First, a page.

Retirement is usually a lifelong endeavor; people work for decades, looking forward to the time when they can finally quit their job and pursue a life of travel and hobbies. The prospect of divorce can be especially concerning for adults who are nearing retirement age because it begs a host of difficult questions: How much of my retirement will I lose? What kind of home can I afford to live in on my own? Will I be able to retire at all?
The answers to these questions vary for every divorcing spouse, but rest assured that whatever complications your case may present, having an experienced attorney on your side will result in a better outcome than if you decide to represent yourself.
How Are Retirement Plans Treated in an Illinois Divorce?
In addition to the fact that liquid assets and real estate must be divided, retirement plans must also be included as part of the divisible marital estate (unless they are protected by a prenuptial or postnuptial agreement). However, spouses can divide their entire marital estate however they want – as long as both spouses agree. This means that, while you can divide your retirement accounts, you do not necessarily have to.
That being said, in certain situations retirement accounts will have to be divided. This is very common in relationships involving couples where only one spouse worked and the other spouse stayed at home to raise the children and maintain the home. The most common way to divide retirement accounts like 401(k)s is using a Qualified Domestic Relations Order, or QDRO. These allow retirement account administrators to pay the non-beneficiary spouse directly from the plan, so the spouses do not have to interact with each other to handle payments every month. Other plans have complex paperwork and administrative requirements, so it is important to make sure you follow those guidelines, otherwise funds could be inaccessible.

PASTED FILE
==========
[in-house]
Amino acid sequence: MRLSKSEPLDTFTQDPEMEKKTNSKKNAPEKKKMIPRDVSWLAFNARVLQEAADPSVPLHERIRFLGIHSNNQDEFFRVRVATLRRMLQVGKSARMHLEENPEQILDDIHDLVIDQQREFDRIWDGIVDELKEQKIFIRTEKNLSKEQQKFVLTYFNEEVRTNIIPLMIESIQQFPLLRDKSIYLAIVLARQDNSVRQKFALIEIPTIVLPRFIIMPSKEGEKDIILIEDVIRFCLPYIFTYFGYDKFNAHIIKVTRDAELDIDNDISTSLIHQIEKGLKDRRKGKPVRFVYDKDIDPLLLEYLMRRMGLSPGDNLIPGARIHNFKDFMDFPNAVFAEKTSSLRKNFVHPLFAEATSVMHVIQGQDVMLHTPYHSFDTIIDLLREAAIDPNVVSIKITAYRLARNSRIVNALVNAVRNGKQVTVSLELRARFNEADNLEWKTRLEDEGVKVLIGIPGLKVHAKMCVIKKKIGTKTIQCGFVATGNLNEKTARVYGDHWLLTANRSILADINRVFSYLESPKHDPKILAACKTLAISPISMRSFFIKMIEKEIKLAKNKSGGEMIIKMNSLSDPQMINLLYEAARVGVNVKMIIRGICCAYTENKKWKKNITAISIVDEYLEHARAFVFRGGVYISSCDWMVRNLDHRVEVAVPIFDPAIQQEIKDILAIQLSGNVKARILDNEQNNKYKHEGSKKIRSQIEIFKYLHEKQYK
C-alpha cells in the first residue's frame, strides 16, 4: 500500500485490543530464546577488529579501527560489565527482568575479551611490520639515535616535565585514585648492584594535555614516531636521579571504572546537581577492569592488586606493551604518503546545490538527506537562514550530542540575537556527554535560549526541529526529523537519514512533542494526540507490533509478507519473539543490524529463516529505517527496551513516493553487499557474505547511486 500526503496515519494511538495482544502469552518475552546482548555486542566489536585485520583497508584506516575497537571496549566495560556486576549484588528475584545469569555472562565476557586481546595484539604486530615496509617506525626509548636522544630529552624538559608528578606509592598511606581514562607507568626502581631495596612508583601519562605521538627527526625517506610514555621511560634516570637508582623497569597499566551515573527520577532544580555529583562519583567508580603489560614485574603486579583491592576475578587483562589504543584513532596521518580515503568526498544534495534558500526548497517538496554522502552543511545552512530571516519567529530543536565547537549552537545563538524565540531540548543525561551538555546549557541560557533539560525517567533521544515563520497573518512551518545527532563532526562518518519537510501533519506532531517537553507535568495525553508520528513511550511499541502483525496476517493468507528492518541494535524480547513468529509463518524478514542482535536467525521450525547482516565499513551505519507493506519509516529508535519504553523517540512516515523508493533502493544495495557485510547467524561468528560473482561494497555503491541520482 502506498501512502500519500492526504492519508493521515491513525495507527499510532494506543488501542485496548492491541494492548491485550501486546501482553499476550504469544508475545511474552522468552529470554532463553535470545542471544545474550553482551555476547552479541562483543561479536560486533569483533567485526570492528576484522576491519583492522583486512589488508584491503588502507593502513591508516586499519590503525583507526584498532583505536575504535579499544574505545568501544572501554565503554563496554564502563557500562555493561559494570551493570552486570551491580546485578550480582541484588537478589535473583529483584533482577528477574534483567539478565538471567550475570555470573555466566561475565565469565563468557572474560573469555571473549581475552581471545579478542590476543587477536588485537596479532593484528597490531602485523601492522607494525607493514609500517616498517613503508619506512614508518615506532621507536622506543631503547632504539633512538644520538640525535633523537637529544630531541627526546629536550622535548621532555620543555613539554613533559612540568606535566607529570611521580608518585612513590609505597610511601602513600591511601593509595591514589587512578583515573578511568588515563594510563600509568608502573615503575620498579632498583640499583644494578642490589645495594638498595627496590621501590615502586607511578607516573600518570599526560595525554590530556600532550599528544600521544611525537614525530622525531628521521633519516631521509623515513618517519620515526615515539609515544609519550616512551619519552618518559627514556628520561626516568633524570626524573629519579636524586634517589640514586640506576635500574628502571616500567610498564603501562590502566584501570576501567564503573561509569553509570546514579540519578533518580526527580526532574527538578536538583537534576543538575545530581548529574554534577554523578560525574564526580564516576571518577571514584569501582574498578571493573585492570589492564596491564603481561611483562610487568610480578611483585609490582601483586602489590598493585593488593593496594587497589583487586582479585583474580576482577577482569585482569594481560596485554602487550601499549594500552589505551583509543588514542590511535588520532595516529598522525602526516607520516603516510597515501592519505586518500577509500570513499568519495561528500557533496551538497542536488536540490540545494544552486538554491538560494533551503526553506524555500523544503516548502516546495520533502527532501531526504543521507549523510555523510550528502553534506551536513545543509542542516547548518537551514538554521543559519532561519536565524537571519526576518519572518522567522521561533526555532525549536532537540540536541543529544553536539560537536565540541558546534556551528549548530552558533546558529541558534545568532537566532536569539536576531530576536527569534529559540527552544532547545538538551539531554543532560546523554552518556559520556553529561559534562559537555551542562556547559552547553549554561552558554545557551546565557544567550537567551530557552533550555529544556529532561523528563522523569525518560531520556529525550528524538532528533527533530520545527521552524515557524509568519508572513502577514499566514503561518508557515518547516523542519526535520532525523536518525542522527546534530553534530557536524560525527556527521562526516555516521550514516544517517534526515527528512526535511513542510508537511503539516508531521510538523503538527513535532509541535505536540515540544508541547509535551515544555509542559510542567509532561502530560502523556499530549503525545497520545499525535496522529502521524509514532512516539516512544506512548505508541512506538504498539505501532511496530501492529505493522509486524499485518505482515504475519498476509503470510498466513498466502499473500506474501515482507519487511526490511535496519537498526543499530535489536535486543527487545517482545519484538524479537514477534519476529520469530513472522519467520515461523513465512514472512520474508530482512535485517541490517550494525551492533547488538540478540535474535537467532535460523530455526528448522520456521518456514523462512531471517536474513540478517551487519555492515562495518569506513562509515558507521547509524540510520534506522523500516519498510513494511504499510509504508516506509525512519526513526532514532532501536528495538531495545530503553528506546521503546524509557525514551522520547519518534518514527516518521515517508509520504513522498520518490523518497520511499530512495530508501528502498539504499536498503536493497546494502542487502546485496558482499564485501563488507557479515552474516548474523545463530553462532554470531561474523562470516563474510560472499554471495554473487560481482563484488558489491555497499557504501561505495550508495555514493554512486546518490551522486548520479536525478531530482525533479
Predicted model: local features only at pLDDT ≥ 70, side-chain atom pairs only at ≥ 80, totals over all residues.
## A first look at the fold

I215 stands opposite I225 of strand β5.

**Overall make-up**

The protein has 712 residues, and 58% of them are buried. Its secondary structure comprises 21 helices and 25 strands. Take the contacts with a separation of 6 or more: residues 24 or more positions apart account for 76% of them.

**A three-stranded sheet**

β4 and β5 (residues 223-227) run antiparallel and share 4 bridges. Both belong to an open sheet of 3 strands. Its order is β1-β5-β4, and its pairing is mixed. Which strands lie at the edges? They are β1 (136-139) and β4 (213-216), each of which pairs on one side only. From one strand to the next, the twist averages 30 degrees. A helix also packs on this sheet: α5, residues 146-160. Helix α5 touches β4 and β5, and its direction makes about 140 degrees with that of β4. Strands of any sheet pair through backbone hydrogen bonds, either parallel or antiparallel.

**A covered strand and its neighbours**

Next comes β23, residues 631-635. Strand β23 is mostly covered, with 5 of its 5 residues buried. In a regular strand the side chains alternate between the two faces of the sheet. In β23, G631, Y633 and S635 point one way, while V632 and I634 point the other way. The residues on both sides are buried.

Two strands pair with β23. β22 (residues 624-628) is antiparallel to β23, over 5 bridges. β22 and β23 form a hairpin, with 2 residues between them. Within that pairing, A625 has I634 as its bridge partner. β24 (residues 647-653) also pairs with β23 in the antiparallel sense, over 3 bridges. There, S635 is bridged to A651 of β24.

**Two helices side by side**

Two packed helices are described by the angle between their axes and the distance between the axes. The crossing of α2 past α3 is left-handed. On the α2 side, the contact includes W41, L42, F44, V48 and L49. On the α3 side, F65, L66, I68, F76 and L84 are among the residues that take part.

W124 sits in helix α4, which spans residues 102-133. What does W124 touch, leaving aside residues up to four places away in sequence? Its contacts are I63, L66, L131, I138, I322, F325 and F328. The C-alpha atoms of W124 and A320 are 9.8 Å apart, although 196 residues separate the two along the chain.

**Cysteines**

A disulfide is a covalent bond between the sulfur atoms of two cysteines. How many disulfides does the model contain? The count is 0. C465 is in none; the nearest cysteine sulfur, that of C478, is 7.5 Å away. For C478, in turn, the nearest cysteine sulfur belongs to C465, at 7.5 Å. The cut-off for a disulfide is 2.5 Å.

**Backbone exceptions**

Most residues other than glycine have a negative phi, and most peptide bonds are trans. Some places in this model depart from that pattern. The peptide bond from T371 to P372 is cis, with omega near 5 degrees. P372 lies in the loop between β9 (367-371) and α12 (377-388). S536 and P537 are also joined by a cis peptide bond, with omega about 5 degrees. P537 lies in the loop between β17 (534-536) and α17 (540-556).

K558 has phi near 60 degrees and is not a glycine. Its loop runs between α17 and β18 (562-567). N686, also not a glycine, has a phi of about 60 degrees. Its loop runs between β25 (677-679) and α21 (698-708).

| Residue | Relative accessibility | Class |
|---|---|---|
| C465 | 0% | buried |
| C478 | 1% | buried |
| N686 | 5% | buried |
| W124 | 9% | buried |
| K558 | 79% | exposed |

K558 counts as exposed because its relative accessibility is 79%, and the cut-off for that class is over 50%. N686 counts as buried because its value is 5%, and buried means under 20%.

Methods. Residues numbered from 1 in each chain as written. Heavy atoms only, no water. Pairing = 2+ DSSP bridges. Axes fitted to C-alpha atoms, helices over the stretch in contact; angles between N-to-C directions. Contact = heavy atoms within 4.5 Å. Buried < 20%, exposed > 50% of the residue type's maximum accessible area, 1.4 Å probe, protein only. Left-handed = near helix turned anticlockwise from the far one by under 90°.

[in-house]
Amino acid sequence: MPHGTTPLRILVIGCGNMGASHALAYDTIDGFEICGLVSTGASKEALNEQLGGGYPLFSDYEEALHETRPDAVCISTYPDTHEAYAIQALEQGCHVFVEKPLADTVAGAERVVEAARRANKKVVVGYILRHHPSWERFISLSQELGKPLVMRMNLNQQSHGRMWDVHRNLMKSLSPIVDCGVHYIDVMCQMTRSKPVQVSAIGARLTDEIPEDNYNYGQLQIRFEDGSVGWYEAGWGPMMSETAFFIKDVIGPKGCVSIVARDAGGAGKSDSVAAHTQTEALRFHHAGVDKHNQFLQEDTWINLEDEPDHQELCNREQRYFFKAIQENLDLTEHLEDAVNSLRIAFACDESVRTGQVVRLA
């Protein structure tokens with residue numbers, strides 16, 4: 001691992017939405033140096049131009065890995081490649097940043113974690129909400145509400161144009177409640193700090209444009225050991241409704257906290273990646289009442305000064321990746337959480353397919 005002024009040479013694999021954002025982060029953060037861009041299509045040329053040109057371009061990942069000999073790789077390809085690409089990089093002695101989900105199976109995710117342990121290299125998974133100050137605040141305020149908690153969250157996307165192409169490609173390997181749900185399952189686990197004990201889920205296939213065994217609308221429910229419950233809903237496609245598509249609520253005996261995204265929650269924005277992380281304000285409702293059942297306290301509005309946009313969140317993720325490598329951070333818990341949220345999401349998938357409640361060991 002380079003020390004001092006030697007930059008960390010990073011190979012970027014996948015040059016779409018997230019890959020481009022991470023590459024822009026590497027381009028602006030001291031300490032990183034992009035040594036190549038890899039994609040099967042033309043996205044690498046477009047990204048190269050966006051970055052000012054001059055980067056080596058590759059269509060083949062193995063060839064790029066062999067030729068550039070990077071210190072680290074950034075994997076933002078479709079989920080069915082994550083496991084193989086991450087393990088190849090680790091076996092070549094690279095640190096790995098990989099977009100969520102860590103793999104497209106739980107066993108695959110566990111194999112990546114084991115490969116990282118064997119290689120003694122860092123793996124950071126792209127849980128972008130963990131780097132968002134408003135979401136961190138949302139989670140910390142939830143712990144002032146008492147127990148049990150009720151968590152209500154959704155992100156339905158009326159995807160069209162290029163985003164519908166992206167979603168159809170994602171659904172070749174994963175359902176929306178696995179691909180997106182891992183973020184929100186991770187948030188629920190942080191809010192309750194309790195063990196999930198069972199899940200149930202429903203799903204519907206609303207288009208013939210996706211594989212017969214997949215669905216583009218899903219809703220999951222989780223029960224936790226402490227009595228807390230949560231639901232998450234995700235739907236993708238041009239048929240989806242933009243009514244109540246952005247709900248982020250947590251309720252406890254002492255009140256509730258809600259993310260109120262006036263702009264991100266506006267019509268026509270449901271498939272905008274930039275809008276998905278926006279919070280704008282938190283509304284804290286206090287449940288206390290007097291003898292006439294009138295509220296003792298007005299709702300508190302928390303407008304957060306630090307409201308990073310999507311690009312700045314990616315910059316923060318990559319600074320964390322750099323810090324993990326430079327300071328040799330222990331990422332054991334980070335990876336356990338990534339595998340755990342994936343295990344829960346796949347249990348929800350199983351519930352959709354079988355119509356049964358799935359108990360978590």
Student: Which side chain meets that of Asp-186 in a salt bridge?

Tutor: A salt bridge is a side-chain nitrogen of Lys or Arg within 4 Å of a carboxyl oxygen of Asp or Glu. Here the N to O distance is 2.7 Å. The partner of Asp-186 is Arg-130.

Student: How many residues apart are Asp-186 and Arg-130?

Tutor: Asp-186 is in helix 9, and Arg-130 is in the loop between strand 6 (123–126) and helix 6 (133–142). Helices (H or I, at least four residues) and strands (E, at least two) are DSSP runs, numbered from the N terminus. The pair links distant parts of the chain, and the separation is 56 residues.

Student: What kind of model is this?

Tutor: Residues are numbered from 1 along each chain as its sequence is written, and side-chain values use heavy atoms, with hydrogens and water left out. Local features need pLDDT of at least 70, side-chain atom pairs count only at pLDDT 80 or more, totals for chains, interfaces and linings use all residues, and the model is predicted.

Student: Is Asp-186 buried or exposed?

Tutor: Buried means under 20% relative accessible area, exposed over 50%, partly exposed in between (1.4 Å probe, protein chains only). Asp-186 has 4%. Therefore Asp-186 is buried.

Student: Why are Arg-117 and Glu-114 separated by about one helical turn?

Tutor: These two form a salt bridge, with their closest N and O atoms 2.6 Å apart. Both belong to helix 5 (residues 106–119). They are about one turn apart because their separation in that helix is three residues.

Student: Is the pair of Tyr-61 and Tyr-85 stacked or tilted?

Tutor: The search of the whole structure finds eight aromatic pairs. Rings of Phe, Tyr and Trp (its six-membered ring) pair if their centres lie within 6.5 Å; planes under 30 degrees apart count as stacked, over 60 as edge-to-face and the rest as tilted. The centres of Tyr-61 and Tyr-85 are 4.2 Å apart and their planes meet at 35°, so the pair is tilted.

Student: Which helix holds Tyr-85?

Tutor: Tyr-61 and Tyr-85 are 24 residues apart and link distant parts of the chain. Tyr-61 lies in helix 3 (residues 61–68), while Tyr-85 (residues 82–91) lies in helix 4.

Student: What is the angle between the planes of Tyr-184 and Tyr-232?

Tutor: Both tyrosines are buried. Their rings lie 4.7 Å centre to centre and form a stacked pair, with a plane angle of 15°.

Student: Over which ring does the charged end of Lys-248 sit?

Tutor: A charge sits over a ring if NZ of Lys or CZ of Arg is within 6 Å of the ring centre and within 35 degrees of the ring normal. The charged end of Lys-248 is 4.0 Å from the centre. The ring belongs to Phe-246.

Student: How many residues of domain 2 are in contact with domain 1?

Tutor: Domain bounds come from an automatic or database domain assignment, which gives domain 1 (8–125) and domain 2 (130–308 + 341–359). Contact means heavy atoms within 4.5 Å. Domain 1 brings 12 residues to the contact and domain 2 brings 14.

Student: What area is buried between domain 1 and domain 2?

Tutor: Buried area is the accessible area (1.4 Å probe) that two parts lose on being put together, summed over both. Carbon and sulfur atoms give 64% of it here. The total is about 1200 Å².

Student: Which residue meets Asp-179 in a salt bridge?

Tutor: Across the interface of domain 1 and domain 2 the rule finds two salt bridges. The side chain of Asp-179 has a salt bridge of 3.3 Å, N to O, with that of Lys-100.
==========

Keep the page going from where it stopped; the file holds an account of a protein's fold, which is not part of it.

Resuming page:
In contrast, Social Security benefits cannot be divided like retirement accounts can. Instead, each spouse can collect on either their own benefits or their spouse’s benefits, whichever is higher. If you choose to collect on your spouse’s benefits rather than your own, you will never get more than half the amount of their monthly benefit payment. To qualify for spousal benefits, a couple must have been married for at least ten years. Having a spouse collect on your benefits will not diminish your own.
Call a Naperville, IL Divorce Attorney
With careful planning and the help of a skilled legal advocate, retirement after divorce may not be as far as you fear. Call the offices of [[title]] today to schedule a free, confidential consultation with a Lombard, IL divorce attorney to examine your options and start thinking about a strategy for handling your divorce. Contact us today at [[phone]].